7 Gen Z Slang In Tagalog: An Easy Guide


Estetik, dogshow, and boogsh! Wanna express your feelings like a Filipino Gen Z? Here are some Gen Z slang in Tagalog that you might wanna learn today.

Have you ever heard a conversation between Filipino Gen Zs nowadays? Well, there might be a chance that you can’t understand a thing of what they were saying. This is because they usually now use unique words that have been born from the internet or social media. With the wide use of social media, there are lots of Tagalog internet slang words that gained popularity throughout the years. Today, we will learn different Gen Z slang words and their meaning!

What Are The Most Common Filipino Slang Words Used By Gen Z?

When we talk about slang words, the keywords are trendy, code-switching, and witty. In learning about Gen Z slang words in Tagalog, you will notice that they are mostly derived from the English language. Most of these words do not have a direct translation in the Filipino language. They just usually change the spelling to make it sound more Filipino or Tagalog.

There are lots of Tagalog slang words discussed in other blog posts, like marites, cha-rot, naol, forda ferson, for today’s videow, and more. But in this article, we’ll focus on the newest ones that you may add to your vocabulary. If you really want to learn Tagalog, do it with the Ling app! It’s an effective and fun language-learning app available for free on Google Play and the App Store.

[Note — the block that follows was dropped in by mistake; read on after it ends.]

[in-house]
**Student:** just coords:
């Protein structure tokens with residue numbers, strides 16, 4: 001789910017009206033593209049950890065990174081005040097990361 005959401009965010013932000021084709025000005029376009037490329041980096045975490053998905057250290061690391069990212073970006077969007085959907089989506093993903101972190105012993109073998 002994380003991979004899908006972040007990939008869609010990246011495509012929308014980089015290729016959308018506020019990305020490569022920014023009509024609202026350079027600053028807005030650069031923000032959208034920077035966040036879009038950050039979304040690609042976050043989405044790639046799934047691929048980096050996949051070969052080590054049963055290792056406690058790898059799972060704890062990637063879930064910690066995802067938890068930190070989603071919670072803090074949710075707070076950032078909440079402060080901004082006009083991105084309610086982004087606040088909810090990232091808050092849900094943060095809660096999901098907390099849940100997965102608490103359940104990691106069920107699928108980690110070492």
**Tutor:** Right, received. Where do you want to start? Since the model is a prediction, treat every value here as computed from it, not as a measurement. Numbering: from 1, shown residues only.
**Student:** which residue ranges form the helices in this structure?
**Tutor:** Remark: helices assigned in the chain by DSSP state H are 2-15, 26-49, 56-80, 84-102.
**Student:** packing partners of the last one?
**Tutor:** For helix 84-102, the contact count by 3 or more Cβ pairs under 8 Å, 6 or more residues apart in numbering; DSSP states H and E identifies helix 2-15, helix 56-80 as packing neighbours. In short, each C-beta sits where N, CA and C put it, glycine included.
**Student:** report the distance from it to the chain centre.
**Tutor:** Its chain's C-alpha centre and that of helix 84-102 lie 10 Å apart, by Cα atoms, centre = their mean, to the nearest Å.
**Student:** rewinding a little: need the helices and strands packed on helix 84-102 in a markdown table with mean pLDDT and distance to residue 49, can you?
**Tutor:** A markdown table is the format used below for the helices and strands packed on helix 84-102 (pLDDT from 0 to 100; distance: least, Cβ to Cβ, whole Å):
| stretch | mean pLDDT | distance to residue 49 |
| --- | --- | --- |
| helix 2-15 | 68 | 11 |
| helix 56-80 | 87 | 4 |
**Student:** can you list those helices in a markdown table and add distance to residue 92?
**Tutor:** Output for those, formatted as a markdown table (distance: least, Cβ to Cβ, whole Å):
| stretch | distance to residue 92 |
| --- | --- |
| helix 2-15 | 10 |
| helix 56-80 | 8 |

1. Estetik

Example Sentence: Ang estetik naman ng bahay mo. (Your house is so aesthetically pleasing.)

Saw something beautiful? Estetik is the Gen Z term for that. It is a Tagalog slang word derived from the English word aesthetic. The word estetik means exactly what it says: that something or someone is attractive. Nowadays, Filipinos are fond of things that are aesthetically pleasing, be it fashion, home materials and appliances, and even personal belongings like accessories.

2. Dogshow / Dog Show

Example Sentence: Dinog-show ako ng mga kaibigan ko sa comments section. (May friends played a fool out on me in the comment section.)

Have you experienced being teased by your friends online by turning you into memes? Dogshow is the Tagalog Gen Z term for that. Filipinos are really good at turning everything into a meme. Dogshow is the practice of making jokes about or memes about a famous person in order to make fun of them satirically.

Aside from being a play on words, dog show is also a much cooler way to make someone look like a fool. Sassa Gurl, a famous content creator, popularized the word dog show in the year 2021.

Gen Z Slang In Tagalog - Boogsh

3. Boogsh

Example Sentence: Boogsh! Ganda ng OOTD mo girl! (Boogsh! Girl, you’re OOTD is really good!)

Boogsh is a Filipino slang word that is used as an expression when something is extravagant. It’s easy to get. Think of it as another word for bongga (extravagant). You can use it when you have seen someone with a beautiful OOTD (Outfit Of The Day).

4. Shot Puno

Example Sentence: Iniwan ka niya? Tara, shot puno na yan! (Did she leave you? Let’s go, bottoms-up!)

Broken-hearted? Sad? Friendzoned? Tara, shot puno! (Let’s go and take a shot!) This Gen Z Filipino slang word is made of two words. The word shot means the same in English, which is to take a drinking shot. On the other hand, the Tagalog word puno means “full.” So, it basically means “bottoms-up.”